With many works being damaged or lost due to the flood in CHOI’s Daegu studio, which he occupied between the 1970 and 80s, the exhibition introduces the only two remaining photography works by the artist from the 1970s. “Untitled” (1975), made using a page from the “National Geographic”, and “Untitled 975000” (1975), combining four images of chairs with text, are both visual works that can be reinterpreted or understood through text. By interpreting or directing the visual image of photographs as a language, these works draw attention to accidental and inevitable deviations as a result of disparity in meaning. The viewers experience the limitations of language as a descriptive form to embody a certain reality or situation when faced with text accompanying the image of two birds playing or chairs with designated objects. In the 1970s, the artist made works, which expose differences in interpretation between visual language and text in order to show that visual art is not only a language in itself but also an independent domain of concepts.
“Untitled 975000” (1975) was first exhibited at the Daegu Contemporary Art Festival in 1975 alongside other experimental works of video art, film, performance, and events. Together with the set of four photographs, CHOI exhibited “Untitled 9750000-3” (1975), an installation work consisting of several folding chairs. The chairs, either grouped together or placed individually, were marked off with white masking tape with some sections of the floor marked off despite the absence of chairs. According to CHOI, this chair installation was conceived from the appearance of a classroom, which can be construed as the artist’s musings about an individual that deviates from a group complying with a given set of rules. Presenting a relationship between speaker and listener as well as the difference in absence and existence through the use of empty chairs, the artist questions the role of the individual who remains only as a trace of people who have disappeared into the boundaries defined by society.
Recognized as CHOI Byungso’s most representative body of work, the newspaper series is a testament to the artist’s lifelong practice of experimental art. The artist erased surfaces of newspapers, a symbolic object of repression, to demonstrate his resistance against society. In doing so, he selected the most common and cheap materials to create his works. Today, the newspaper series can be understood as a process of emptying the self. CHOI’s passion both as an artist and as an individual is further demonstrated through the use of everyday objects in the onsite installation work “Untitled 016000” (2016). What started as an improvisational act of bending a hanger from the laundromat’s found in the artist’s closet, resulted in a seven by four meter installation of curved white lines filled with over 8,000 twisted hangers laid out across the floor to create a densely monochromatic space. These hangers bear a similar meaning to the role of pencils in CHOI’s newspapers series. Acknowledging that both insignificant objects and actions constitute the essence of the time, the artist has come to a fundamental reflection on the nature of a society that produces art. “意味와 無意味 SENS ET NON-SENS: Works from 1974-2020” explores attributes of art and anti-art as well as the infinite possibilities between ‘sense’ and ‘non-sense’ through the experimental spirit of CHOI Byungso, whose works are a testament of an era.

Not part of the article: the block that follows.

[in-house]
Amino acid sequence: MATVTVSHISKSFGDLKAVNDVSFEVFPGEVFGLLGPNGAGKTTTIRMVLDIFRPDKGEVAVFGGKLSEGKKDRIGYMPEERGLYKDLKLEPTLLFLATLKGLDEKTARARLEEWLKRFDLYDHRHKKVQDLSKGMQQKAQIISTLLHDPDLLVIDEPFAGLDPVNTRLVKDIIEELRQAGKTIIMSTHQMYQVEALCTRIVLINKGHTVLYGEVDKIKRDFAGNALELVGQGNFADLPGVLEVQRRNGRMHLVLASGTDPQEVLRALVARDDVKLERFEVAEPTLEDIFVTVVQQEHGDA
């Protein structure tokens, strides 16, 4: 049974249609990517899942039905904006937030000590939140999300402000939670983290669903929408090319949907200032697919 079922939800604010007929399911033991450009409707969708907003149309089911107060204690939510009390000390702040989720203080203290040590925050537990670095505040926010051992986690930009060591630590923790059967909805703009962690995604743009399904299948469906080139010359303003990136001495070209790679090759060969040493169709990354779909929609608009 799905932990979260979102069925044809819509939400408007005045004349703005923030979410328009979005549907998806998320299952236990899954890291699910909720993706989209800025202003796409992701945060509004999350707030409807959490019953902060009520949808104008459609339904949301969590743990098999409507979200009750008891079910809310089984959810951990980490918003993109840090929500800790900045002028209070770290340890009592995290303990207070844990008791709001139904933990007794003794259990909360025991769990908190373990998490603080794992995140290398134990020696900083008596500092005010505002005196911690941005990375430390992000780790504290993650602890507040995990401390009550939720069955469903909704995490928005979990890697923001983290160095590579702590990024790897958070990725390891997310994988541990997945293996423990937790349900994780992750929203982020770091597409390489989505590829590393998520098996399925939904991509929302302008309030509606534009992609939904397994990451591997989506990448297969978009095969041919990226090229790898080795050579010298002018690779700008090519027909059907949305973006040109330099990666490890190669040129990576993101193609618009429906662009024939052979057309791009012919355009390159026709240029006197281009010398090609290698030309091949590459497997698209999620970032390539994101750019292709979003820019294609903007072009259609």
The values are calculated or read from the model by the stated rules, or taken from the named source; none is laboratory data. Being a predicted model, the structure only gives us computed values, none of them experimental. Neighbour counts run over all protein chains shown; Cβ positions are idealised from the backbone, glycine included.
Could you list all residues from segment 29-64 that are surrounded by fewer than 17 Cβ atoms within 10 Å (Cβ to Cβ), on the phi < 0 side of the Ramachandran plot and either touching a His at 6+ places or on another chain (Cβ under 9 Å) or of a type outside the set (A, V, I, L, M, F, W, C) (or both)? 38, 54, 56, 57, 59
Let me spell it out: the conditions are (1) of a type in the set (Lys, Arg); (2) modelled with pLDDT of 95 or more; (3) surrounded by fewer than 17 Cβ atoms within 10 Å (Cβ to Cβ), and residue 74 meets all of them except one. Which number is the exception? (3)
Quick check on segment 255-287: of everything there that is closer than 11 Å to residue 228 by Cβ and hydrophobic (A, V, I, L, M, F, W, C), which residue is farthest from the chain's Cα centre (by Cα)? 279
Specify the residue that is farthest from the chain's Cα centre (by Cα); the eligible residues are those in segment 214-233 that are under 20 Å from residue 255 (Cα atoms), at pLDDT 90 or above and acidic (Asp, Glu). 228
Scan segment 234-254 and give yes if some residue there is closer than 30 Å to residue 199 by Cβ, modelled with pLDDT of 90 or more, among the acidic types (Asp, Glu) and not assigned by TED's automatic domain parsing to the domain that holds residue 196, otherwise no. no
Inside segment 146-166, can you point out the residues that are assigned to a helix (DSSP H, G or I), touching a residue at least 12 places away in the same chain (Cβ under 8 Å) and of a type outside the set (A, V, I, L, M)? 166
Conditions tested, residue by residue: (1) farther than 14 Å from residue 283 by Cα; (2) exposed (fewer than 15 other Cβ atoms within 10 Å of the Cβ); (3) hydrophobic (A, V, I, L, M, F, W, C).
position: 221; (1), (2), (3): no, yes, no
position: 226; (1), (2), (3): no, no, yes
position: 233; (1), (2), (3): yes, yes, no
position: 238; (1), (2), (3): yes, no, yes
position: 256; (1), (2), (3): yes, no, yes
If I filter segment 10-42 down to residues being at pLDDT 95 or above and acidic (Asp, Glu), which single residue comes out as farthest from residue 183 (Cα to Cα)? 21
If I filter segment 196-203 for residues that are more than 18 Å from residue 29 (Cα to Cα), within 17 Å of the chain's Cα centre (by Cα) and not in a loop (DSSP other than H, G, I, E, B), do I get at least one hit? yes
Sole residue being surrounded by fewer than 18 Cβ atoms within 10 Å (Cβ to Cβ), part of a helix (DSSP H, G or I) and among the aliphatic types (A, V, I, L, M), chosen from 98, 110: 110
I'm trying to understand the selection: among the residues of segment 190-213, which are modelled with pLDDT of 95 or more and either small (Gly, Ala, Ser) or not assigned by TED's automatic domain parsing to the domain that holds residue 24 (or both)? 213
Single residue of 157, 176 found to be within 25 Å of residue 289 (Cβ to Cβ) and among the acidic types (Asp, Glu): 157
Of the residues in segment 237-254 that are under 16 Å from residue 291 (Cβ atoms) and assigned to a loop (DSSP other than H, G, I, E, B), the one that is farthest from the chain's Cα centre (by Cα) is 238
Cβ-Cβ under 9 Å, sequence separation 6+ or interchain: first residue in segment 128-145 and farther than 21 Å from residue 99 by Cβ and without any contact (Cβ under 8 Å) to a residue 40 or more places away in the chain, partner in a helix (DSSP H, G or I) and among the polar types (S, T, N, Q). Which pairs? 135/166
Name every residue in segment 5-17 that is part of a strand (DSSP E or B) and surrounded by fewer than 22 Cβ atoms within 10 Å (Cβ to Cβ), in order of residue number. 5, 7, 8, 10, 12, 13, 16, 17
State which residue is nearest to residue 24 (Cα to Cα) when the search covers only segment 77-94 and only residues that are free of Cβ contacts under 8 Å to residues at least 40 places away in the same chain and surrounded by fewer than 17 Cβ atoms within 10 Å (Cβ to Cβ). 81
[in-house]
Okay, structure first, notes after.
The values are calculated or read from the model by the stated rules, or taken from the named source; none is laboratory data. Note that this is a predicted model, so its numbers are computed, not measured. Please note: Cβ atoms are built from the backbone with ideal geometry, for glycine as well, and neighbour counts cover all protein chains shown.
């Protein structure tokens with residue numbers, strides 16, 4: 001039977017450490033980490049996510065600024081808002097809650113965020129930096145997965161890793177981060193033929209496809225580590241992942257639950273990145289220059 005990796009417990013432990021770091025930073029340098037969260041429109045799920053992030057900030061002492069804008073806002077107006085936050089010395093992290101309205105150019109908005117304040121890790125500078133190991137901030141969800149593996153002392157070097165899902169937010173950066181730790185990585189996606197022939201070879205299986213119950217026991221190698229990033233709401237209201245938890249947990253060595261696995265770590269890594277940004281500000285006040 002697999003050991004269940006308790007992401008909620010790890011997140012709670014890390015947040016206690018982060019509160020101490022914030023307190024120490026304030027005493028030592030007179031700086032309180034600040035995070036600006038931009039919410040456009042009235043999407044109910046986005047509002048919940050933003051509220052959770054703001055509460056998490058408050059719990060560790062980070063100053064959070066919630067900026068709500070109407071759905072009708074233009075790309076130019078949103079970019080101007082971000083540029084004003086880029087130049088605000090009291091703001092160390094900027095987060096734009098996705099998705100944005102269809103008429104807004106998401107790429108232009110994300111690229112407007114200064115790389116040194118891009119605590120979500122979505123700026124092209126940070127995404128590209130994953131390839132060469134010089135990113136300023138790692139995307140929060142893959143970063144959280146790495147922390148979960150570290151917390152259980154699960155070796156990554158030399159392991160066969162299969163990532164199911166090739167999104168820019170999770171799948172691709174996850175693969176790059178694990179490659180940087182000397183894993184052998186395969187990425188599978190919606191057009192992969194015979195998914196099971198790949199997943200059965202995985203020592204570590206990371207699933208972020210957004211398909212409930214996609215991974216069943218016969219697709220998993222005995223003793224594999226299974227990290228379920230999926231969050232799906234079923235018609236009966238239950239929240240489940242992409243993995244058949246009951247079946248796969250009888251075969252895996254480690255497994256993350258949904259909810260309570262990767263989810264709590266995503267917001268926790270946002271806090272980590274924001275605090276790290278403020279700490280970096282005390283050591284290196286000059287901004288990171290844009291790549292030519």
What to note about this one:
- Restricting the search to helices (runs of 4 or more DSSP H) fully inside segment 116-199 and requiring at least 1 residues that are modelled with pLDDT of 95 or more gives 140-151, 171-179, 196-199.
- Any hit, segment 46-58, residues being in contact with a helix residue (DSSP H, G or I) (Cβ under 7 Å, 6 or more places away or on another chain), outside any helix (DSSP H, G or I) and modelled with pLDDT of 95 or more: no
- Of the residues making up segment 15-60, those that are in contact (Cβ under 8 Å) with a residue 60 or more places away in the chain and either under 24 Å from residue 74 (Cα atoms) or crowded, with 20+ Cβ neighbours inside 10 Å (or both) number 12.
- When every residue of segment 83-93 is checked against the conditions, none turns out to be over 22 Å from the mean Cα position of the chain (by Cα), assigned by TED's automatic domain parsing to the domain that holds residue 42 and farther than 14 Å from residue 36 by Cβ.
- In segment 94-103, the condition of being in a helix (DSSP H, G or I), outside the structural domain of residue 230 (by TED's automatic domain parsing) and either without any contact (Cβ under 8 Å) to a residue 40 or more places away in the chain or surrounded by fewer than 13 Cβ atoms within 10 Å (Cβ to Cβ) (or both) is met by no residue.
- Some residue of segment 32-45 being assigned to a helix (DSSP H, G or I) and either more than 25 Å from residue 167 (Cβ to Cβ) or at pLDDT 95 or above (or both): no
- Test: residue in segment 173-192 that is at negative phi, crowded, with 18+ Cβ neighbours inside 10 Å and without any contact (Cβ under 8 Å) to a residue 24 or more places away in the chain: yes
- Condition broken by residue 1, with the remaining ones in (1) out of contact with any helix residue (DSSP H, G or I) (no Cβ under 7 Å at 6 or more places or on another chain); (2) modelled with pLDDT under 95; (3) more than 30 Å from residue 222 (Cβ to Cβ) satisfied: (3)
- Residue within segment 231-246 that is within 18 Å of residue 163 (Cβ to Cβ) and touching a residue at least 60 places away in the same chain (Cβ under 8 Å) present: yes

Arario Gallery Seoul
84, Bukchon-ro 5-gil, Jongno-gu, Seoul, Korea
+82 2 541 5701